The Internet of Things (IoT) refers to the network of objects that use embedded technology to function, or to interact with other devices or their environment. Everything from the management of manufacturing equipment, to remote health care monitoring, to operating a variety of fitness devices is possible through the fast-growing IoT. Recently, more tech companies and manufacturers have been hopping on board in preparation for what they believe consumers will look for in the products they purchase in the future: products that can be customized and connected. This week’s articles shed light on how quickly the market for smart home and connected products is growing, as well as how companies can begin to tap into this rapidly advancing trend.
ARM introduced a platform this week that will allow manufacturers to easily connect their products to the Internet securely and with minimal power requirements. The free technology will make for a more consistent customer experience and will also provide a way for manufacturers to integrate their devices with current cloud services.
Google is in the development stages of an IoT project, which would allow smart devices to work without being connected to an app. What does that mean? Think instant activation through proximity: a bus stop that wirelessly delivers you the time schedule as you approach the stop, or an advertisement that prompts interaction when you walk up to it. The project, called ‘The Physical Web’, comes on the heels of forecasts suggesting that as many as 50 billion gadgets will connect to the Internet by 2020.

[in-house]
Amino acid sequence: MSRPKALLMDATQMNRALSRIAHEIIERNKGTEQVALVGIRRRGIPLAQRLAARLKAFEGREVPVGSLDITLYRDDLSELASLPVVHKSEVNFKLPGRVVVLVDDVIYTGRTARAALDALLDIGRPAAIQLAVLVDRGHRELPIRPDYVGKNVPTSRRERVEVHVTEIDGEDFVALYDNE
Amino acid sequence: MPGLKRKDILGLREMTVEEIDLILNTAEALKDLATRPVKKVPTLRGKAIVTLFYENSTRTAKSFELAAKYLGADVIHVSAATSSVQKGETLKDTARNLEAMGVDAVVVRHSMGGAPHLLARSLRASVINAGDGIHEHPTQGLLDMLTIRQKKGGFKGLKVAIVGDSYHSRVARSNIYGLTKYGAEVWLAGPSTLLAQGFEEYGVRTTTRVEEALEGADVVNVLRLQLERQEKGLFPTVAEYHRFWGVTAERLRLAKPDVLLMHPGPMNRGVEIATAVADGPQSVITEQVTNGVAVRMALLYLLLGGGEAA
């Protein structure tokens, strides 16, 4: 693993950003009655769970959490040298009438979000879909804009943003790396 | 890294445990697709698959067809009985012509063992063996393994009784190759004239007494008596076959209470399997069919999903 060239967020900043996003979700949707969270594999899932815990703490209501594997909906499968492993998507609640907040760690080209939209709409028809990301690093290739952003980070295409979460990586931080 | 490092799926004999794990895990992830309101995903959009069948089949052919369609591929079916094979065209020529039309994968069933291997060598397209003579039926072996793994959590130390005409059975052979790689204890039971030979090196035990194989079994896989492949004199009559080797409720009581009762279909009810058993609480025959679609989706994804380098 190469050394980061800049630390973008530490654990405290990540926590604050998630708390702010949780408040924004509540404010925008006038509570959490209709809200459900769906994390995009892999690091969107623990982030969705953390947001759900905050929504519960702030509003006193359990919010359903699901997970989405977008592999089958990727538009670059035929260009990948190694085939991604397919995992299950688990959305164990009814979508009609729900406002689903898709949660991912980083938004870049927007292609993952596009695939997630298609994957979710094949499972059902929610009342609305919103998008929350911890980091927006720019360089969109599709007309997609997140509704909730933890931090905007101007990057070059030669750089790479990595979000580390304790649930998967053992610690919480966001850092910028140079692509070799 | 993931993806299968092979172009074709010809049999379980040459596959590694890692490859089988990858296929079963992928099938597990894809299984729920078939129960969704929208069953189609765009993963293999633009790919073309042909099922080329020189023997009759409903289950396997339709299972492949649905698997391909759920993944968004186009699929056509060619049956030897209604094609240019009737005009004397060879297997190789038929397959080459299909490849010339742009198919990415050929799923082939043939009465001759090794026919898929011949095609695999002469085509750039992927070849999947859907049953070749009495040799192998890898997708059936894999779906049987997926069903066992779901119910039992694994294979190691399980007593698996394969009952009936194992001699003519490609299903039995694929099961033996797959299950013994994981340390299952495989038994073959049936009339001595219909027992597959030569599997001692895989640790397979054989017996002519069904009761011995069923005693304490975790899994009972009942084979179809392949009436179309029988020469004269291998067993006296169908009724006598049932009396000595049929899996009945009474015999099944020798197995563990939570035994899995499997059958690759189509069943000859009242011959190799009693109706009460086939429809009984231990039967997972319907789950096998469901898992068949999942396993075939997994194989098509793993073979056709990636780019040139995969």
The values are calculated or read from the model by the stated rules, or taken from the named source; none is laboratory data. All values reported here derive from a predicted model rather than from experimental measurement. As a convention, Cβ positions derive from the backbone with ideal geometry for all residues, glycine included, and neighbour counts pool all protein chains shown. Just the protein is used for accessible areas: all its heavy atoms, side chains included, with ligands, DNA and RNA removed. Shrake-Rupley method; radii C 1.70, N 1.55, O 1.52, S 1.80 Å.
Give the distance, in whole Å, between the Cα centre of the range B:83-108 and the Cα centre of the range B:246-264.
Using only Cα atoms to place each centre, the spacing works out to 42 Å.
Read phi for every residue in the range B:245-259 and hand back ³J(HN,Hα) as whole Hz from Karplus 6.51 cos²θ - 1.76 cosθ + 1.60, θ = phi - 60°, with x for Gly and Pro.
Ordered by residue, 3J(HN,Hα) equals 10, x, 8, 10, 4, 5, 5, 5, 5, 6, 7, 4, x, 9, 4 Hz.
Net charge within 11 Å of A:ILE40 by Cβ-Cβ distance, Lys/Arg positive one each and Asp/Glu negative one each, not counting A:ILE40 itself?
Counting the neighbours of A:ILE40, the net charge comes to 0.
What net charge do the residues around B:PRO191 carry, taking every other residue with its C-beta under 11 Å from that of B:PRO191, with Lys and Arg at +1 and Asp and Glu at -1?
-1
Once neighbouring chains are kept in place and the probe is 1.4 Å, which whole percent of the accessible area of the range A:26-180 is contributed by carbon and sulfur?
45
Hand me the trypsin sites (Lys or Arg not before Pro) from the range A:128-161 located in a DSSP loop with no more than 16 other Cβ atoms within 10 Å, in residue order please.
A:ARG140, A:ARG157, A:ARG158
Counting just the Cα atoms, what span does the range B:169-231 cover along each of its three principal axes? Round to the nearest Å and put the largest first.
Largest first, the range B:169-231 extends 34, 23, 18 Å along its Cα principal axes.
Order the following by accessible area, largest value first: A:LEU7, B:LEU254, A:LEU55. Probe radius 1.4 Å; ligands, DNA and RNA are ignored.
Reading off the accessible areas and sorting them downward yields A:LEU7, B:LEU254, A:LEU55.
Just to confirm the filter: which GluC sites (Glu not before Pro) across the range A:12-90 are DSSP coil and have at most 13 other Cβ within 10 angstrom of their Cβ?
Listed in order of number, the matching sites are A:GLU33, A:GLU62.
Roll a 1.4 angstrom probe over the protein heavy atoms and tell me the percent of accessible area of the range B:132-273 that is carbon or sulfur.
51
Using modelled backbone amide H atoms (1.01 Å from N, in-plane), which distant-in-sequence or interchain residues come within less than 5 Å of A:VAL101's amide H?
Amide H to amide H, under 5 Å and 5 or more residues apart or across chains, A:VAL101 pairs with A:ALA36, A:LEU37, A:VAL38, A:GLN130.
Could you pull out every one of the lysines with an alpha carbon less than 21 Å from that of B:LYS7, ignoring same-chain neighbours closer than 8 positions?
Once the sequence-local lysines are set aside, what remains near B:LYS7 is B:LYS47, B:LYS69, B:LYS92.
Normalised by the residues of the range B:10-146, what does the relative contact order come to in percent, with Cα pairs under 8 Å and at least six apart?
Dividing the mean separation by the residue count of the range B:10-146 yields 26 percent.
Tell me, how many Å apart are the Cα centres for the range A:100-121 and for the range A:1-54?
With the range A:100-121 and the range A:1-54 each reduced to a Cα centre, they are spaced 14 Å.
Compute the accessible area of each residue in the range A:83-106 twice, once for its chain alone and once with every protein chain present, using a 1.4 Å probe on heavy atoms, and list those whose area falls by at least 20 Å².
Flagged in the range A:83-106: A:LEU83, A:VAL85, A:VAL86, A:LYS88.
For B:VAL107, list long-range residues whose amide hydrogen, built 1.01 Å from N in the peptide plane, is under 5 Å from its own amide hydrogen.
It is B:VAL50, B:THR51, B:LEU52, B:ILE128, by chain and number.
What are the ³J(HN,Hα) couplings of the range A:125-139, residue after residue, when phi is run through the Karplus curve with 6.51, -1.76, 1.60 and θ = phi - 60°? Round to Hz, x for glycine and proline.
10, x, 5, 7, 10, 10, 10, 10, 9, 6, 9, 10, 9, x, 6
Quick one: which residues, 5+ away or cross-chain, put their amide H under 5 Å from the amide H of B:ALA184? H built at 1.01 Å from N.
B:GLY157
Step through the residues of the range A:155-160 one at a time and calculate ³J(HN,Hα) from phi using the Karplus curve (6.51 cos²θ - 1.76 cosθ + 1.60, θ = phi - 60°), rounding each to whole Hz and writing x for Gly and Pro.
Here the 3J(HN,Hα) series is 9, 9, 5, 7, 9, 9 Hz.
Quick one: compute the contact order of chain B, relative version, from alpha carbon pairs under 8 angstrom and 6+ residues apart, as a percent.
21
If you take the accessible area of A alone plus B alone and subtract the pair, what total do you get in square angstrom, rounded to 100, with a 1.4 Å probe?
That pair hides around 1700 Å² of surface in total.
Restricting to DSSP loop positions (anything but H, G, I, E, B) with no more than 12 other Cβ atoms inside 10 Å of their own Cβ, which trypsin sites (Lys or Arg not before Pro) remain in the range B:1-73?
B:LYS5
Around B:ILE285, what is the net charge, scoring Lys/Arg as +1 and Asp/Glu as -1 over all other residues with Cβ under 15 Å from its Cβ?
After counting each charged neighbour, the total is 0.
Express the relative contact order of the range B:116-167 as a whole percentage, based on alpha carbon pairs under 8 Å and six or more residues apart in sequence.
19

Gartner predicts that the IoT will be a trillion-dollar industry by 2020. From home improvement to office supplies, numerous industries will have a smart object market. For example, Lowe’s is encouraging the development of “smart home” devices, with open-API requirements for product manufacturers to improve integration across devices.
A report conducted on the emerging consumer market for smart home devices predicts that the industry will see tremendous growth in the next five years. The “connected-home” category, with approximately a quarter of IoT shipments this year, is composed mostly of energy products – a trend that is only expected to grow moving forward.